As we are very much aware, today marks the centenary of the Armistice at the end of the First World War. Many people have taken part in parades and commemorations large and small across the United Kingdom, Ireland, the Commonwealth, and other nations.
Five years ago, I had hoped that today, I would be with some family members in northern France at the British Cemetery in Brebières, near Douai, to visit the grave of my great-great-uncle, Corporal John Edwin Bovey, Royal Field Artillery, who died one hundred years ago today. Unfortunately, I could not make that trip work on this occasion for myself and Andrew as he has been unwell for most of the time since July. Being with, and caring for, each other is much more important that making the trip to visit a grave whatever the significance of the date. We will make the trip ourselves, in our own time, but to do so this weekend was not the time.
My brother, Duncan, and other family members did visit. I am glad that I was able to obtain a poppy wreath from The Royal British Legion (the Legion) for them to lay on the grave. Two sets of uncles and aunts were there as well, along with Duncan’s partner: they were not alone as one French man arrived on a bicycle at the hour “so that there would be someone there”.
Andrew and I were in the Parish Church of St John, Monasterevin, in Co. Kildare. I had the privilege of playing the beautiful organ in the church. I had been asked to go to Islandbridge to the “People’s Remembrance” being organised by the Republic of Ireland District of the Legion. Originally, I had wanted to go, but as I have been playing the organ in Monasterevin for some months, and there was a service there, I felt it was my duty to attend there.
For the first year, I had more than one poppy on my lapel today. Not only did I have the red poppy of the Legion; I also had a purple poppy to remember the animals who served too. Above them both, I wore my membership badge of the Legion. The Legion badge has been a constant badge on my lapel for most of the year. It provokes questions from fellow commuters on buses, trams, and trains, as well as comments from colleagues and volunteers where I work.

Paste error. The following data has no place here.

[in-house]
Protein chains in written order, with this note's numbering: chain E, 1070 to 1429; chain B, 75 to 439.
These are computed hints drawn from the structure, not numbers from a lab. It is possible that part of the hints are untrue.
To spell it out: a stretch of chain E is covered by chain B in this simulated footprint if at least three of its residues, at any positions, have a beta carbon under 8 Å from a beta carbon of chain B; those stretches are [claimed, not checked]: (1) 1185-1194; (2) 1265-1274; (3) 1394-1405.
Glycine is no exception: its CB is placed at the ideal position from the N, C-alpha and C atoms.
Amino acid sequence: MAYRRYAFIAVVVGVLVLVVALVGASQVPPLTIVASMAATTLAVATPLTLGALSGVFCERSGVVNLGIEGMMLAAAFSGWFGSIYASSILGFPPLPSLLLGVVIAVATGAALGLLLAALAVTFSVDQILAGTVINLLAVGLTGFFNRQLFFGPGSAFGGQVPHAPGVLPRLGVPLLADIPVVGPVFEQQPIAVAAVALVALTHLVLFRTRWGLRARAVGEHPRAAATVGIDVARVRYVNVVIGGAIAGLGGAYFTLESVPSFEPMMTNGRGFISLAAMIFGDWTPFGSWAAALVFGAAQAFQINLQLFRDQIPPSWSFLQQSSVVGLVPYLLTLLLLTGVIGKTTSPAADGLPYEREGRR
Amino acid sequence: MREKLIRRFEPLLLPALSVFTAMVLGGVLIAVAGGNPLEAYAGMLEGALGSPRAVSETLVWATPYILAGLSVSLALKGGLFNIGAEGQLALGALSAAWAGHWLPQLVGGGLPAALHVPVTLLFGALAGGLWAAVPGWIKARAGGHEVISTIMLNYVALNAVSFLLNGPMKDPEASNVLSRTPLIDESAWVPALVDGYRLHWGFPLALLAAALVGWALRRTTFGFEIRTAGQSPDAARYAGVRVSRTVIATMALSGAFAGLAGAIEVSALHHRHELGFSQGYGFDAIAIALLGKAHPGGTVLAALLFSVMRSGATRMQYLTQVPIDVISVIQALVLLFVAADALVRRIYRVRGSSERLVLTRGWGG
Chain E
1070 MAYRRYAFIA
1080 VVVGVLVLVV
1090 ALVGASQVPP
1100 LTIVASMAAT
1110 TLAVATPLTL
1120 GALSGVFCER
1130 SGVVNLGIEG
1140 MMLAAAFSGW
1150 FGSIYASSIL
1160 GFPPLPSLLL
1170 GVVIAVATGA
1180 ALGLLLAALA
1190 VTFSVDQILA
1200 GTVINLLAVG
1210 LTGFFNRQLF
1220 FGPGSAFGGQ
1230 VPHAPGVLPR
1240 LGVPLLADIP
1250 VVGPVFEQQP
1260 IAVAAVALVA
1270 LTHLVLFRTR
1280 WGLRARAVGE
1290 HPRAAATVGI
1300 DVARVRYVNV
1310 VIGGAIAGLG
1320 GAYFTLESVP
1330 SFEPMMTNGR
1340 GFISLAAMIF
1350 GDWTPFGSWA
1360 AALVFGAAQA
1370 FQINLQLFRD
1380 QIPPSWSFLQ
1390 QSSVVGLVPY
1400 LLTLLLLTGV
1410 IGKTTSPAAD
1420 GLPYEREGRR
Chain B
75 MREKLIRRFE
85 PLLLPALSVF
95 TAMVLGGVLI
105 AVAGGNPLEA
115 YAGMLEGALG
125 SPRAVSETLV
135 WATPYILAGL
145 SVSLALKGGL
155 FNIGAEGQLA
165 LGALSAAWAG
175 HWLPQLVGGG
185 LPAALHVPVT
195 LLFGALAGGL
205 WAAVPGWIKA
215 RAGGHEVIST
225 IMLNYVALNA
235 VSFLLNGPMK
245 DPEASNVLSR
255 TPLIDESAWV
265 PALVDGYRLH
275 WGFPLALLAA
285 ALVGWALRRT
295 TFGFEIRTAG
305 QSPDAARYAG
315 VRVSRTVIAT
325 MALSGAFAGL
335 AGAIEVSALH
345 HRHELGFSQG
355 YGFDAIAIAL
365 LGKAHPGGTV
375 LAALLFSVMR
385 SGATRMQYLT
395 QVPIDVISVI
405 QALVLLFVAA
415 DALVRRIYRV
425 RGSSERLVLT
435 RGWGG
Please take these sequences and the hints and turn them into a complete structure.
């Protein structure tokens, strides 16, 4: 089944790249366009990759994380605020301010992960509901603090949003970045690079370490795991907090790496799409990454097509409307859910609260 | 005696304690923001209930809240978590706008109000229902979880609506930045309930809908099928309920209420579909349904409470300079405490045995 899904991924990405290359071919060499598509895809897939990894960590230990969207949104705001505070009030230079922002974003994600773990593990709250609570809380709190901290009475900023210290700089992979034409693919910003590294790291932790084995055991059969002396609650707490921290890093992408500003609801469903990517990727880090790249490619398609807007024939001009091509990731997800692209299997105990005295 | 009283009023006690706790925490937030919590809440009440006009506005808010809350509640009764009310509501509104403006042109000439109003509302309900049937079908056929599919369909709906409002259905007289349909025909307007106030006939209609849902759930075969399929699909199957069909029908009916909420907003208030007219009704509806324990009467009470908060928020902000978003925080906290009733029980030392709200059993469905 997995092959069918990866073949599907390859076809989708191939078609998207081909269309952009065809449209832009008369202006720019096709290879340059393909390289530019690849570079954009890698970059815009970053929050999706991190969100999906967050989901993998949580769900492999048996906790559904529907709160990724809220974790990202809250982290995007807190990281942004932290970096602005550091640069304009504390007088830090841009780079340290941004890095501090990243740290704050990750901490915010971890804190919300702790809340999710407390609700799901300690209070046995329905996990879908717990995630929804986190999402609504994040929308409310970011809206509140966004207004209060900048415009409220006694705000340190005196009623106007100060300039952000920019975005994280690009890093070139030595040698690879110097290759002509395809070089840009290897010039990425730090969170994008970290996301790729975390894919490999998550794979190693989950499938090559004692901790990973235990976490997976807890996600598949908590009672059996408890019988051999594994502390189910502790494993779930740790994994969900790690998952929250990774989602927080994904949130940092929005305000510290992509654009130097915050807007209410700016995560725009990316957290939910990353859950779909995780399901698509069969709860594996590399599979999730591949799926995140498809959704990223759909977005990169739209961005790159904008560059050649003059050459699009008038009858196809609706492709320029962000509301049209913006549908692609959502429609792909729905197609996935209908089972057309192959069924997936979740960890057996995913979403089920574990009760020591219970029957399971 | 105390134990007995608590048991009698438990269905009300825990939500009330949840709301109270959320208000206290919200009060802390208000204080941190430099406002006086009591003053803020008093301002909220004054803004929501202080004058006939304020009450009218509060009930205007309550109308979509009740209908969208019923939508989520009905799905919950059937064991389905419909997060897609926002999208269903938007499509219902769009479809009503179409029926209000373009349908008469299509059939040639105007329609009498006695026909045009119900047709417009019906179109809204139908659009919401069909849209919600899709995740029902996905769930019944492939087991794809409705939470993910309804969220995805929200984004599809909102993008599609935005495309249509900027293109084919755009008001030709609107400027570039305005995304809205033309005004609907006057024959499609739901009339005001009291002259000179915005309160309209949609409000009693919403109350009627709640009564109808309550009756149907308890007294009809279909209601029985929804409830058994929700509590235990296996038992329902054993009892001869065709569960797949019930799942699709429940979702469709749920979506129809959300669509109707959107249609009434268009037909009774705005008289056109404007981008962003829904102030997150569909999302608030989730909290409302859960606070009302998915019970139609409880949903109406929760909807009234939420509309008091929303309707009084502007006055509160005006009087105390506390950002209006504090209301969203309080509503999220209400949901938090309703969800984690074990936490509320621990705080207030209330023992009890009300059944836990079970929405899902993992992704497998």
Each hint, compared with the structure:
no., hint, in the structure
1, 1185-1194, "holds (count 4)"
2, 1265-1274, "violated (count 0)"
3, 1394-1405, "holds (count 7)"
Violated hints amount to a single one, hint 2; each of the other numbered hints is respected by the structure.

I am proud to be a member of the Legion, as I know how much good work with its beneficiaries is undertaken. However, I do wonder if it is time for us to reconsider how we remember. The wearing of a poppy becomes almost compulsory for politicians, news readers and reporters, and television presenters that it feels like the freedoms that were won by those who fought in both world wars are being lessened. The Legion makes it quite clear that wearing a poppy should be a choice. But it seems like that is not the case in many places, particularly in England.
Here in Ireland, wearing a poppy marks one out as different. It is very definitely a counter-cultural act. The Legion has produced an Irish form of the poppy with it superimposed upon a shamrock. You cannot get something much more Irish than a shamrock. But even so, wearing a poppy at all can provoke a negative reaction. This is for good reason.